Celebrating the birth of KELPkidJR on August 5, 2009 :-)
User currently offlineMir From United States of America, joined Jan 2004, 21730 posts, RR: 55
Reply 6, posted (3 years 4 months 2 weeks 2 days 19 hours ago) and read 4750 times:

Quoting KELPkid (Reply 5):
I'd love for an old-school jet pilot to tell us why many older jets had a 4-minute turn coordinator in the panel, though. I've seen references, too, to 4 minute standard rate turns in jets...

The rough rule of thumb for a standard rate turn is use an angle of bank equal to 15% of the airspeed. At 200kts, that would mean 30 degrees of bank, which is pretty much the most you'd want to use with passengers aboard. And since most jets tend to fly faster than that unless on approach, using half-standard rate makes more sense from a passenger comfort perspective (not to mention the trouble you can get into in steep banks at high altitudes). It's not like the aim is to complete the holding pattern as quickly as possible, anyway.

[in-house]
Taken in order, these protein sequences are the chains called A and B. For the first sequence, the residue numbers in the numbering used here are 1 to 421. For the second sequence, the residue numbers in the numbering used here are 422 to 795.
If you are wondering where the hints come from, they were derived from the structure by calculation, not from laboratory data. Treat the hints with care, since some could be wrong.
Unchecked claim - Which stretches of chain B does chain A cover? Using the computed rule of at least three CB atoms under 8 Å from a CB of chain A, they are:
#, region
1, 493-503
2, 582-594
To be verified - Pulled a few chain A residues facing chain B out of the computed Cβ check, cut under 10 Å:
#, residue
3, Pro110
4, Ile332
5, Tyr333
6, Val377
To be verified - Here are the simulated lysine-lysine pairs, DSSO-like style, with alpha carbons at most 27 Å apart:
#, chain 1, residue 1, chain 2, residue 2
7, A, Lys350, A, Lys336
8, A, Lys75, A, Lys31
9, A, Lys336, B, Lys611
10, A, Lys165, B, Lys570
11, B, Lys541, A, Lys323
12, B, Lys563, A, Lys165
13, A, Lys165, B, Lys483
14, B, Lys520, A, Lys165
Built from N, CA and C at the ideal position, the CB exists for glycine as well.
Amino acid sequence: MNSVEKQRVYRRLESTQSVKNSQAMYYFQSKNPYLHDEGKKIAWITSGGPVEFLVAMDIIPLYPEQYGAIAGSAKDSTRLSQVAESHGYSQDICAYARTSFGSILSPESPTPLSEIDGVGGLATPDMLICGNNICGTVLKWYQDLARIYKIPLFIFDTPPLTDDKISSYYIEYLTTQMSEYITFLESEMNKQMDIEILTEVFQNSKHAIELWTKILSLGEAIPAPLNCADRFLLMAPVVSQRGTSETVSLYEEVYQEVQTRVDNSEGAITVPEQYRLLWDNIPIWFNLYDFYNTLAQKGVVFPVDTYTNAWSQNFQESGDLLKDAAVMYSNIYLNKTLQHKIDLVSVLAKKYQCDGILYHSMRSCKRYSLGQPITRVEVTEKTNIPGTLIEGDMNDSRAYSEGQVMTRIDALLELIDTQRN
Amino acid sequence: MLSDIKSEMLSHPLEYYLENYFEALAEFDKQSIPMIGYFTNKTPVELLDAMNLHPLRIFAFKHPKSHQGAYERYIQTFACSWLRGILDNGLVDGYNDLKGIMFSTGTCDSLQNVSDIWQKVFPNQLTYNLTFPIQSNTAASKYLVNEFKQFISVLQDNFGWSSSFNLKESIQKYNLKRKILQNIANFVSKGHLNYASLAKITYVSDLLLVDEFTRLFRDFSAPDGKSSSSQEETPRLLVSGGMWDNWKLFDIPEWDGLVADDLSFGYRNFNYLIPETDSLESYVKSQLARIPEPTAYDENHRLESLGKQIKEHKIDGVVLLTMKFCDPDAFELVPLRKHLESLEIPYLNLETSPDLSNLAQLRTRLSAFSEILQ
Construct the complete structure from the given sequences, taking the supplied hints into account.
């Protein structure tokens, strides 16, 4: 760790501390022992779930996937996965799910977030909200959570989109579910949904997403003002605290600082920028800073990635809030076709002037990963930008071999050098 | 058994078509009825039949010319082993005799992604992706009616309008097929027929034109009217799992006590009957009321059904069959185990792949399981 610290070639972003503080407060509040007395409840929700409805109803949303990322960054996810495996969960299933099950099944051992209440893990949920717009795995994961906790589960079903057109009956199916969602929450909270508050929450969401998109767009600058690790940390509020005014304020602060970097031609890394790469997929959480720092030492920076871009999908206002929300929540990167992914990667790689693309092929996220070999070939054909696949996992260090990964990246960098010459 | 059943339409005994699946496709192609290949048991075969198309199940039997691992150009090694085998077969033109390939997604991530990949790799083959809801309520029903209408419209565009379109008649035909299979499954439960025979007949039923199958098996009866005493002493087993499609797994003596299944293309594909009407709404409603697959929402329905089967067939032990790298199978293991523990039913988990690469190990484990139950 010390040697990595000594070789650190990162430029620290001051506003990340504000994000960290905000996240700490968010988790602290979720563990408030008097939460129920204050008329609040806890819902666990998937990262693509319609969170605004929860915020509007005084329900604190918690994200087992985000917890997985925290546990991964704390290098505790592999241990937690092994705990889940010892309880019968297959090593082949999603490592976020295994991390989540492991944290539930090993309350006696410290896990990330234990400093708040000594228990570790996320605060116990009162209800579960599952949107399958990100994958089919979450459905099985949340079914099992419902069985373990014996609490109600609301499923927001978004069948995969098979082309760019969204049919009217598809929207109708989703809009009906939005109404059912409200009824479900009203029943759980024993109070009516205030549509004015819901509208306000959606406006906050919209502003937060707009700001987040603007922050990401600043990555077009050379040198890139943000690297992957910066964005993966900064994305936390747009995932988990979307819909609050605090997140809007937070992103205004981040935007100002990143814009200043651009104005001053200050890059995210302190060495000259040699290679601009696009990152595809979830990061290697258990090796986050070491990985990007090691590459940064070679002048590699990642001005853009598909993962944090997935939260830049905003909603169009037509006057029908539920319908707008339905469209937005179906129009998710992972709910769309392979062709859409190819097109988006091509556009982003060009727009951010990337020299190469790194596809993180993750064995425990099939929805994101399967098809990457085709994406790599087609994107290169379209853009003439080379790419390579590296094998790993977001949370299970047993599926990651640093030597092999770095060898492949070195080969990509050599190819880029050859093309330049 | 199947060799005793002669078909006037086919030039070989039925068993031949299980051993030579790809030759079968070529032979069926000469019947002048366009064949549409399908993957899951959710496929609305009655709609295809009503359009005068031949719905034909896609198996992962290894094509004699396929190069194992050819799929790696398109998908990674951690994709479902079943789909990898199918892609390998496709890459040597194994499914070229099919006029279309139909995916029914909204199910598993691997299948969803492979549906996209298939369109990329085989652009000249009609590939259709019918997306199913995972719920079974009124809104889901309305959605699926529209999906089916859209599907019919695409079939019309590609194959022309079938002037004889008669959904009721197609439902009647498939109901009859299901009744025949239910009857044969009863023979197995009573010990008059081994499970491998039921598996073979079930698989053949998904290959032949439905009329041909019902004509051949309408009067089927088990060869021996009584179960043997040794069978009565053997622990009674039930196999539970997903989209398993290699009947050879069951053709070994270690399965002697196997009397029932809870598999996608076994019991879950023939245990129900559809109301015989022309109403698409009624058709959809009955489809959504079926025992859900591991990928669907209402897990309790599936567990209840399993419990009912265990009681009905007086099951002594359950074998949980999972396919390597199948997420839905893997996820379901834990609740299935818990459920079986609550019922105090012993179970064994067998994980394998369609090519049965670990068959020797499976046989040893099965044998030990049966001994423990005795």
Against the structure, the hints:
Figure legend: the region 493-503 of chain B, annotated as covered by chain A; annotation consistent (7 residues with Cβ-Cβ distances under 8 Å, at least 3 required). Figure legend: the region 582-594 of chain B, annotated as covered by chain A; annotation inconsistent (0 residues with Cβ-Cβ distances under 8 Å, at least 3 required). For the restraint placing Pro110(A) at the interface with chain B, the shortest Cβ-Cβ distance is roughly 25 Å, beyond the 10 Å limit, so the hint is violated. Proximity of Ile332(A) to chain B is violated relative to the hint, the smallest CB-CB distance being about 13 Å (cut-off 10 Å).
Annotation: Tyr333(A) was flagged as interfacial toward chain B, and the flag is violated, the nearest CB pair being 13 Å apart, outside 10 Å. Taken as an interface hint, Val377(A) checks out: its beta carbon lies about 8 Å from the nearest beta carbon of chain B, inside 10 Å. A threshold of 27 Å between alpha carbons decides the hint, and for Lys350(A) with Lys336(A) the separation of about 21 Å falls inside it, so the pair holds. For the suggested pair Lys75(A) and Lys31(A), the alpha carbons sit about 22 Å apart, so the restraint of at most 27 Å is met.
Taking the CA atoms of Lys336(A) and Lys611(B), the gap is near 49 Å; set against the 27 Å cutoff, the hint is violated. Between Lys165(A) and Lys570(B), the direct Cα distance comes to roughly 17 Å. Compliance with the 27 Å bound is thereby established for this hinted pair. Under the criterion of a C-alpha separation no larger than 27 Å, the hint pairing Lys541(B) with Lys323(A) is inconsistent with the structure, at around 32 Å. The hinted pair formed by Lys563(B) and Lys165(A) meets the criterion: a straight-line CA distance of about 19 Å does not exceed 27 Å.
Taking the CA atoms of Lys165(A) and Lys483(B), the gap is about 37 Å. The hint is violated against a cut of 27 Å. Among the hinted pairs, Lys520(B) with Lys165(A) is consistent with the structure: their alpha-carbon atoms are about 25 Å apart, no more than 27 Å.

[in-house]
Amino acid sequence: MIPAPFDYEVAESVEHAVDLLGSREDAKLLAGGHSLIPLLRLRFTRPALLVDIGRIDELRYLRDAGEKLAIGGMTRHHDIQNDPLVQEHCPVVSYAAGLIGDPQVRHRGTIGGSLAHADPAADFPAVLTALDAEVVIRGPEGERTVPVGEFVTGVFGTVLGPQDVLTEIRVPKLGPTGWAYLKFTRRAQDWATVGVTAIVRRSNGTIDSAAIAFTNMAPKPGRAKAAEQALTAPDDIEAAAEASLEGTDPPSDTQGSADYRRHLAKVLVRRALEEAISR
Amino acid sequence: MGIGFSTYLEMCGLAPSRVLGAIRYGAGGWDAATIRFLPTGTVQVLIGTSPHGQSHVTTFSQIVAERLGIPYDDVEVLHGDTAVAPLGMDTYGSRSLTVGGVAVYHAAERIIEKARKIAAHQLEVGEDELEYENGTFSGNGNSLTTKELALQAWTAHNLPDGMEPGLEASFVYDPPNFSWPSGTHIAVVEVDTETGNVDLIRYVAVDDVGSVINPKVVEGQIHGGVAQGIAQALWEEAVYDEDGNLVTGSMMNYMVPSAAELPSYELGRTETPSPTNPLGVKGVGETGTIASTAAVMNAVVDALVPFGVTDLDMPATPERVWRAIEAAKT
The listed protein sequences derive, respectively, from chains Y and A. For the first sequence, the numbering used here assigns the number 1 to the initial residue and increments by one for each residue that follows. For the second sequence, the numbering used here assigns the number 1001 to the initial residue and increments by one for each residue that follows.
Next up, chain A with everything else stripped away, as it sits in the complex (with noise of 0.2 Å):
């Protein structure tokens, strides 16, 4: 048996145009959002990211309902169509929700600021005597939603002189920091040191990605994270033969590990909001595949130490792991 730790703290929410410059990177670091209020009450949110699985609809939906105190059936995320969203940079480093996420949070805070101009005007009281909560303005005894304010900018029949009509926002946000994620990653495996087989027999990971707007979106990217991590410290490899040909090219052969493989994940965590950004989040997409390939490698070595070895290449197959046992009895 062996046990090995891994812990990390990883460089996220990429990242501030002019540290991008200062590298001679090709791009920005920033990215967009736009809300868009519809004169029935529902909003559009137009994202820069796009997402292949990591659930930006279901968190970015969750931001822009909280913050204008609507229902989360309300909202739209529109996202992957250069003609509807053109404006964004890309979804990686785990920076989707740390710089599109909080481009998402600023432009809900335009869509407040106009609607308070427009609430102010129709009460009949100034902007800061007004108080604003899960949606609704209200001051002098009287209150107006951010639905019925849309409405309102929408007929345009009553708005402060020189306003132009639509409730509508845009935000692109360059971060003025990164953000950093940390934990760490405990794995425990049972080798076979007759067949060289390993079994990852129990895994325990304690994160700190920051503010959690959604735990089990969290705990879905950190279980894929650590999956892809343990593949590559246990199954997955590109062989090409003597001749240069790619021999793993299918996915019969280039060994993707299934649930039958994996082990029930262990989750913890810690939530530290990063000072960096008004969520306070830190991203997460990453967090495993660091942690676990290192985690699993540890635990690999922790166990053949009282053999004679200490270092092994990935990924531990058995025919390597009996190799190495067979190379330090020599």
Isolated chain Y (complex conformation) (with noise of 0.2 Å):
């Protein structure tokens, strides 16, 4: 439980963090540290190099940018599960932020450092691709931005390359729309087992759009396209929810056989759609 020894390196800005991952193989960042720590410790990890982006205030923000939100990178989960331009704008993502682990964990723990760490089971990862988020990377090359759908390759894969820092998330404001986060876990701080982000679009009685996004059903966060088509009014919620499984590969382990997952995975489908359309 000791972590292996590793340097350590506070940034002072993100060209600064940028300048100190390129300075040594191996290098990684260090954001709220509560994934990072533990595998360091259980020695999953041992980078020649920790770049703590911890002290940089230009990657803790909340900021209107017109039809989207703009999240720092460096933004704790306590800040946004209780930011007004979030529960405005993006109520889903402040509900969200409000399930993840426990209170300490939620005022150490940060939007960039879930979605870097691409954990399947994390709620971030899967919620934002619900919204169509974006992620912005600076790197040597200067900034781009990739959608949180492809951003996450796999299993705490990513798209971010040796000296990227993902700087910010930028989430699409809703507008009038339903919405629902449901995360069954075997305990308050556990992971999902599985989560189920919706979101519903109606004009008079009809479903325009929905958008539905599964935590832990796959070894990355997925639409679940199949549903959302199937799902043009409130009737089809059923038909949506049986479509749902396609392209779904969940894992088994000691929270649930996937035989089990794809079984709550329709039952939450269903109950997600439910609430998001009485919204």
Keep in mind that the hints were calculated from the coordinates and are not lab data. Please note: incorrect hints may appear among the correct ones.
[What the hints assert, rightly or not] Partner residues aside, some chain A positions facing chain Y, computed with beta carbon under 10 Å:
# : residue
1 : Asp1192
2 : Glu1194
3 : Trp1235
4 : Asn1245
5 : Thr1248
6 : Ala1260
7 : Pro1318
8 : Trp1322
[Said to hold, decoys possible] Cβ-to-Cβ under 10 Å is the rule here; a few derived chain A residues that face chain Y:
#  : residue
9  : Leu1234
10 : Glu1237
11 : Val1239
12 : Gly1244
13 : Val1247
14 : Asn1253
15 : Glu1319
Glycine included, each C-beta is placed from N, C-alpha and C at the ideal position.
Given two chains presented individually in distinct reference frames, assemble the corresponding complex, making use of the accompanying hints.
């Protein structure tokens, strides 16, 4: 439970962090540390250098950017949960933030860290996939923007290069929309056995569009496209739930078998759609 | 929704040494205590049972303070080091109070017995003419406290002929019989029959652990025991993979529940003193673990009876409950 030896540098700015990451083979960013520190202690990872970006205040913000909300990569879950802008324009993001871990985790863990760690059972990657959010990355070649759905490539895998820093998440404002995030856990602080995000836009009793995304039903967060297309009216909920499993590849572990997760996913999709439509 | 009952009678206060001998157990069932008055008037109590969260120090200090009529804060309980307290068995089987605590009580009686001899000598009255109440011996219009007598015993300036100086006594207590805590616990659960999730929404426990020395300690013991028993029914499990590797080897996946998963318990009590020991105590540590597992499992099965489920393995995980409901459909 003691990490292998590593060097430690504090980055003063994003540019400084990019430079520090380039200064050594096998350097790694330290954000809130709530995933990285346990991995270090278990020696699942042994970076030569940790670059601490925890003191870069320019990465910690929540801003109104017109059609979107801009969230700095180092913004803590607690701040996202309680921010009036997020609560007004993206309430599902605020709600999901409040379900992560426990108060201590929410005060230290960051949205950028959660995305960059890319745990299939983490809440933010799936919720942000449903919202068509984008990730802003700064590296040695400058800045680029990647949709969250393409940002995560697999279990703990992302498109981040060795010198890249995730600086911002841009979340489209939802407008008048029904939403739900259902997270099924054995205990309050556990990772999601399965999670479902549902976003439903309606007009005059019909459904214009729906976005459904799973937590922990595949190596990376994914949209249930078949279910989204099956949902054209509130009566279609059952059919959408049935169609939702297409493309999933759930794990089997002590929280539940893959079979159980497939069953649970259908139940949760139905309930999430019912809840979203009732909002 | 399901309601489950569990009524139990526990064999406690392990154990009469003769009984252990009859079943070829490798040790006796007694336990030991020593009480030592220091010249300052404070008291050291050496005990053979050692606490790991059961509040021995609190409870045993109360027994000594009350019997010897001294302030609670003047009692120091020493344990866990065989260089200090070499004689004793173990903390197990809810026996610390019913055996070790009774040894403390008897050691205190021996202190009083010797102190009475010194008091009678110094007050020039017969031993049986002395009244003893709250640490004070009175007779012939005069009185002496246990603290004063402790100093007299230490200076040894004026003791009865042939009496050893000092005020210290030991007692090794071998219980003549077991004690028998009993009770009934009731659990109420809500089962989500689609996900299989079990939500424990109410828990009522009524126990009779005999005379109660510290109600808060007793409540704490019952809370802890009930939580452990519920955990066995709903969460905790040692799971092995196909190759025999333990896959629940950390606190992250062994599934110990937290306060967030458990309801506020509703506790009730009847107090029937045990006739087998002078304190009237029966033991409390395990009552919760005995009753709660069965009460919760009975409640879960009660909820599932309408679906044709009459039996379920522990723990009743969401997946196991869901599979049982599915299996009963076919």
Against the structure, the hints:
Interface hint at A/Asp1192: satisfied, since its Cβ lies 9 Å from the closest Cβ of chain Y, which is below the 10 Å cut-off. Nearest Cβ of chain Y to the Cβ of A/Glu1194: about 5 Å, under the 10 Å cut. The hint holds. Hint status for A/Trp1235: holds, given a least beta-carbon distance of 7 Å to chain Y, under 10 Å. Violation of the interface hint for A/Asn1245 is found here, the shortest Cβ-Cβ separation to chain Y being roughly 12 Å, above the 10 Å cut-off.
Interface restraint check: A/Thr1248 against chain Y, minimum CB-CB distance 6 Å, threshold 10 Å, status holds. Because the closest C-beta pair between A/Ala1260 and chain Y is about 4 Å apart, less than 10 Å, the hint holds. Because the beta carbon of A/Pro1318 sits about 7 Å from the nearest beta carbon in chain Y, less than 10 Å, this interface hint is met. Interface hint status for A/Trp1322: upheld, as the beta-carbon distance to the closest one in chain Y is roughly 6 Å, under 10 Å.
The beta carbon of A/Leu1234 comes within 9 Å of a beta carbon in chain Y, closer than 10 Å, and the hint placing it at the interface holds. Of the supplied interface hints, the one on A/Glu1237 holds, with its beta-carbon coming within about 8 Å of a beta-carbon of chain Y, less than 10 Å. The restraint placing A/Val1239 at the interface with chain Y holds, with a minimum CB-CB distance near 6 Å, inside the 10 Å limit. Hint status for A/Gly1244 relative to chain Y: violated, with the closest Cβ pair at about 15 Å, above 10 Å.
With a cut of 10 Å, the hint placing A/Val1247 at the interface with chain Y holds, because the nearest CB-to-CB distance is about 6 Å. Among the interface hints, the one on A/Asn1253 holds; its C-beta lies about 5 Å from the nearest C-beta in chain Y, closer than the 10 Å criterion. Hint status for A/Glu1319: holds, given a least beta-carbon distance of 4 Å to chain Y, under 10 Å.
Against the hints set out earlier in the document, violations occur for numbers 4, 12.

-Mir



7 billion, one nation, imagination...it's a beautiful day
User currently offlinejcxp15 From United States of America, joined Jun 2001, 997 posts, RR: 5
Reply 7, posted (3 years 4 months 2 weeks 2 days 13 hours ago) and read 4674 times:

Don't forget under ICAO rules, a standard hold is 1 minute on the outbound leg of the hold as opposed to the US standard of 1 minute inbound.

IMHO this is a better procedure and is much easier as it involves a lot less thought - you just time one minute outbound.


User currently offlineMir From United States of America, joined Jan 2004, 21730 posts, RR: 55
Reply 8, posted (3 years 4 months 2 weeks 2 days 9 hours ago) and read 4620 times:

Quoting jcxp15 (Reply 7):
Don't forget under ICAO rules, a standard hold is 1 minute on the outbound leg of the hold as opposed to the US standard of 1 minute inbound.